Running in pollution, core strength, toe joints and more!

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As of September 2017, new Sweat Science columns are being published at www.outsideonline.com/sweatscience. Check out my bestselling new book on the science of endurance, ENDURE: Mind, Body, and the Curiously Elastic Limits of Human Performance, published in February 2018 with a foreword by Malcolm Gladwell.

- Alex Hutchinson (@sweatscience)

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The new issue of Canadian Running magazine is on newsstands now. Lots of good stuff in there, as usual — I particularly recommend the article by Canadian 1,500-metre star Hilary Stellingwerff on her training stint in the highlands of Ethiopia. Lots of behind-the-scenes details about the training of top Ethiopian stars, and a very interesting window into a country that few of us have visited (well, I haven’t).

There’s also my regular Science of Running column. Topics covered: how much pollution you inhale running alongside a four-lane highway; why it’s better to measure your heart rate in a race or workout than in the lab; whether core strengthening actually makes you run faster; whether heavy shoes make you run slower; and whether running is bad for your toe joints.

How fast to run if you’re stranded in the desert

THANK YOU FOR VISITING SWEATSCIENCE.COM!

As of September 2017, new Sweat Science columns are being published at www.outsideonline.com/sweatscience. Check out my bestselling new book on the science of endurance, ENDURE: Mind, Body, and the Curiously Elastic Limits of Human Performance, published in February 2018 with a foreword by Malcolm Gladwell.

- Alex Hutchinson (@sweatscience)

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I had an interesting interview this morning with Karen Steudel of the University of Wisconsin’s Hominin Locomotion Laboratory, for an upcoming feature in Canadian Running magazine. She’s the researcher who caused a stir a few weeks ago with a study revealing that each person has an “optimum running speed” where we burn the least number of calories per mile (nicely summarized by Dan Peterson of 80percentmental here). Until now, strange as it may seem, researchers thought that it would take you exactly the same number of calories to run a mile, no matter what pace you ran at.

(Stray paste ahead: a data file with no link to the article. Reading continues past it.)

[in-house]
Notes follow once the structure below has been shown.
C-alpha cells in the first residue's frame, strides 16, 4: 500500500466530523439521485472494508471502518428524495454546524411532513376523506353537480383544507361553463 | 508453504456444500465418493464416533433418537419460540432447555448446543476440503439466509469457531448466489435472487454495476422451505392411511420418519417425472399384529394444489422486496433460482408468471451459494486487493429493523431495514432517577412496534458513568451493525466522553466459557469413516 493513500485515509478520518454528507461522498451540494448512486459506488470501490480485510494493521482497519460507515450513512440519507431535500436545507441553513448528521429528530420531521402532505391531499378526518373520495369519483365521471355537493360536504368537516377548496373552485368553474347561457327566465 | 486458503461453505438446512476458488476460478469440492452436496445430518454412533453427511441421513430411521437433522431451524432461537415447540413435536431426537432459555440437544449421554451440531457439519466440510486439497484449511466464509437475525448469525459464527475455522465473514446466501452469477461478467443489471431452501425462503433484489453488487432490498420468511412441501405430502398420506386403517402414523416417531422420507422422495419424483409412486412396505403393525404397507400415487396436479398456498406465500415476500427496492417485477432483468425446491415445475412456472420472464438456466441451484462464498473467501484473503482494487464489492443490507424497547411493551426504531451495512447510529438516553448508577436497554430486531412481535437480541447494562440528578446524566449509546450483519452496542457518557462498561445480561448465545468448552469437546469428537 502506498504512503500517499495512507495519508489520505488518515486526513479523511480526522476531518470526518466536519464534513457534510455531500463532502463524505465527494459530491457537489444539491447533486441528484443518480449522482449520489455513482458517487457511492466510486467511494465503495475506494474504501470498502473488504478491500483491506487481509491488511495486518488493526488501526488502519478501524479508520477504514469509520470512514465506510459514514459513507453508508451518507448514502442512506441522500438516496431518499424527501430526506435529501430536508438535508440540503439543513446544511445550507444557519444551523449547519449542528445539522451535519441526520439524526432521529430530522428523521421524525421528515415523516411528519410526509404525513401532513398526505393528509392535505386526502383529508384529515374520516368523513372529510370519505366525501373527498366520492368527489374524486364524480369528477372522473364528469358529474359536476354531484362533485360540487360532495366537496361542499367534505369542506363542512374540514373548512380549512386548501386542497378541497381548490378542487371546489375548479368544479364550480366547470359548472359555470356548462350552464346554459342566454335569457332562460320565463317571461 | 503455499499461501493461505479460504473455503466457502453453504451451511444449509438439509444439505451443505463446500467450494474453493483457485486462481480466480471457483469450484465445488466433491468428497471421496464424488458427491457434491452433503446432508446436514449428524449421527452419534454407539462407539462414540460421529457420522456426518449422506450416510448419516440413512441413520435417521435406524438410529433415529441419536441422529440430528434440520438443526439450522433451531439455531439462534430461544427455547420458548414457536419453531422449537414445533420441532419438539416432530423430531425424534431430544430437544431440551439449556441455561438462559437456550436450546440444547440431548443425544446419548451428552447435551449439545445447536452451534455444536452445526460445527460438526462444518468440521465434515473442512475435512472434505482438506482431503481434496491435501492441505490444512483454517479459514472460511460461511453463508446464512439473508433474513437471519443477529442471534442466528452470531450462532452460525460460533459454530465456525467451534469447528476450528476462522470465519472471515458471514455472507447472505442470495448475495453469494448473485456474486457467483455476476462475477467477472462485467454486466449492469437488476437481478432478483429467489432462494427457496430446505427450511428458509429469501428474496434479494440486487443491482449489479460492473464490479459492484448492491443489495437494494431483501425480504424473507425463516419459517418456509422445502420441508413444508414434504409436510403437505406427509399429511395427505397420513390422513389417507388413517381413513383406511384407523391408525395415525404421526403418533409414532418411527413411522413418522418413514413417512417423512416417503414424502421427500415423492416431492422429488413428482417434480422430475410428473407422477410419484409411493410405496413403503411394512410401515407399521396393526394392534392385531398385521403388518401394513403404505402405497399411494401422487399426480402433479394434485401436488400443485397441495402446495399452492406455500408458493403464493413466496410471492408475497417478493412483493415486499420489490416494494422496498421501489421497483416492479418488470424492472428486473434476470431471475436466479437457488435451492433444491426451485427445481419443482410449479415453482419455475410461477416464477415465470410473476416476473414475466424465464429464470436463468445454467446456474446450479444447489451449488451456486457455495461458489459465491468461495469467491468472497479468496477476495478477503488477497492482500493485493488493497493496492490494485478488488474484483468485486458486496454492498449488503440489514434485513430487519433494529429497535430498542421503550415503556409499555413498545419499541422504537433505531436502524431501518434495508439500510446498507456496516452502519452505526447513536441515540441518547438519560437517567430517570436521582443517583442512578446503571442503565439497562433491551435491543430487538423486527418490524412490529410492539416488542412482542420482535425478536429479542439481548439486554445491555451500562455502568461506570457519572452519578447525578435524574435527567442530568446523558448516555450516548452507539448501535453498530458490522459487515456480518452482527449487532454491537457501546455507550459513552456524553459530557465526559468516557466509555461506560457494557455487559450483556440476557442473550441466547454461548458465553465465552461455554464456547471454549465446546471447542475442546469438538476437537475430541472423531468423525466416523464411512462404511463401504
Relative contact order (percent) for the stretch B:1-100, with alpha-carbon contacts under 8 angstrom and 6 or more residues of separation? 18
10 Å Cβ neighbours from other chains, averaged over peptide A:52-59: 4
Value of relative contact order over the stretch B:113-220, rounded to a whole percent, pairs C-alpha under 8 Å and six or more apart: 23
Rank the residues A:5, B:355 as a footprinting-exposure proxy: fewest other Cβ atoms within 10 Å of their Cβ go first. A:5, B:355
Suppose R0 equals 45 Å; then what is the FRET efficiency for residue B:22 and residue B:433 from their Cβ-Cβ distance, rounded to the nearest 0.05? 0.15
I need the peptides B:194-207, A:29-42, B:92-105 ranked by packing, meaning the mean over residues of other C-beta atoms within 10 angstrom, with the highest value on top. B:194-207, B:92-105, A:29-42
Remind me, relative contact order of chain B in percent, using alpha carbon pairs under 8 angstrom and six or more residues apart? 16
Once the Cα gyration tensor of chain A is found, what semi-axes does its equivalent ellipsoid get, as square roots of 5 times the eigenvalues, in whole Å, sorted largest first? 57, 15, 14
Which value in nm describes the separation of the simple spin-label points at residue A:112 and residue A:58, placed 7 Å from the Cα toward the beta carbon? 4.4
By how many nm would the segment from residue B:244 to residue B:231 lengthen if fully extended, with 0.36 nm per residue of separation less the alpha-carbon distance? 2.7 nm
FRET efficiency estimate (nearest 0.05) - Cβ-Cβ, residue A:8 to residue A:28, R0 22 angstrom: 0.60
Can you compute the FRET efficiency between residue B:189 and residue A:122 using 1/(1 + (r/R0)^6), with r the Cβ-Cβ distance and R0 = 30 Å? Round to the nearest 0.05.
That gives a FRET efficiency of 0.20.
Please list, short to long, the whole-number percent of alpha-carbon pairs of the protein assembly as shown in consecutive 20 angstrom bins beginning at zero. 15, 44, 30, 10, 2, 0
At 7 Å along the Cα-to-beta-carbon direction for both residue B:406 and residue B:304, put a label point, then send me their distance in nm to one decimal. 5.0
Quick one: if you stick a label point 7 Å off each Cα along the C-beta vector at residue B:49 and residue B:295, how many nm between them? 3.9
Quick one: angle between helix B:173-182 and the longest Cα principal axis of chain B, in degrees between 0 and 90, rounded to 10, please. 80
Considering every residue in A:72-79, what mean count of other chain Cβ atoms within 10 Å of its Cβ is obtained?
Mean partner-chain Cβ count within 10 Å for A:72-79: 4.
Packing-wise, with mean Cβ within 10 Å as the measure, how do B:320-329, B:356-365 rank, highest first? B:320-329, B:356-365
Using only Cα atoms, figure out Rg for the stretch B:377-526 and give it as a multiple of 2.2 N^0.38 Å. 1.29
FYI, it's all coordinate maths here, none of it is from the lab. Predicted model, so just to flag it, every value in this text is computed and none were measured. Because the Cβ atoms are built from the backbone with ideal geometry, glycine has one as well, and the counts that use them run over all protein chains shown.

Steudel’s real interest is in whether our ancestors a few million years ago were efficient enough runners to chase animals for hours until they collapsed of heat exhaustion, a technique known as persistence hunting. But she’s well aware that the idea of an “optimum speed” might be of interest to runners (and she’s apparently receiving tons of e-mail asking for training advice!). The optimal paces in her study were about 7:14 per mile for men and 9:14 per mile for women — but with just nine subjects, the study is too small to take those numbers too seriously. However, she’s now back in the lab working on a new study trying to determine how limb length affects that optimal speed — another result that will be of interest both to evolutionary biologists and runners.

So what do we do with this information? Well, I’ve often pondered the scenario where you’re stranded in the desert with no food, 100 miles from the nearest aid, and you have to decide what your strategy is. Do you run? Walk? How fast? Seems like if you know your optimal pace, you can maximize your odds…

Running and bone density: more info

THANK YOU FOR VISITING SWEATSCIENCE.COM!

As of September 2017, new Sweat Science columns are being published at www.outsideonline.com/sweatscience. Check out my bestselling new book on the science of endurance, ENDURE: Mind, Body, and the Curiously Elastic Limits of Human Performance, published in February 2018 with a foreword by Malcolm Gladwell.

- Alex Hutchinson (@sweatscience)

***

Wow, research moves pretty quickly. Just a few hours after posting about the lack of good evidence that running helps bone density…presto! I get a press release about an article by University of Missouri researchers in the current issue of the Journal of Strength and Conditioning Research about how great running is for bone density. You can read the press release here:

In the study, the researchers determined the effects of long-term running, cycling, and resistance training on whole-body and regional BMD [bone mineral density], taking into account the effects of body weight and composition, in men ages 19 to 45. After adjusting for differences in lean body mass, the researchers found that runners had greater spine BMD than cyclists.

This still doesn’t tell us explicitly about how activities like elliptical training, which are weight-bearing but not high-impact, affect bone density. The University of Missouri researchers seem pretty convinced that the jarring action of running (or jumping around by playing basketball, for example) helps bone density. The question is, how much?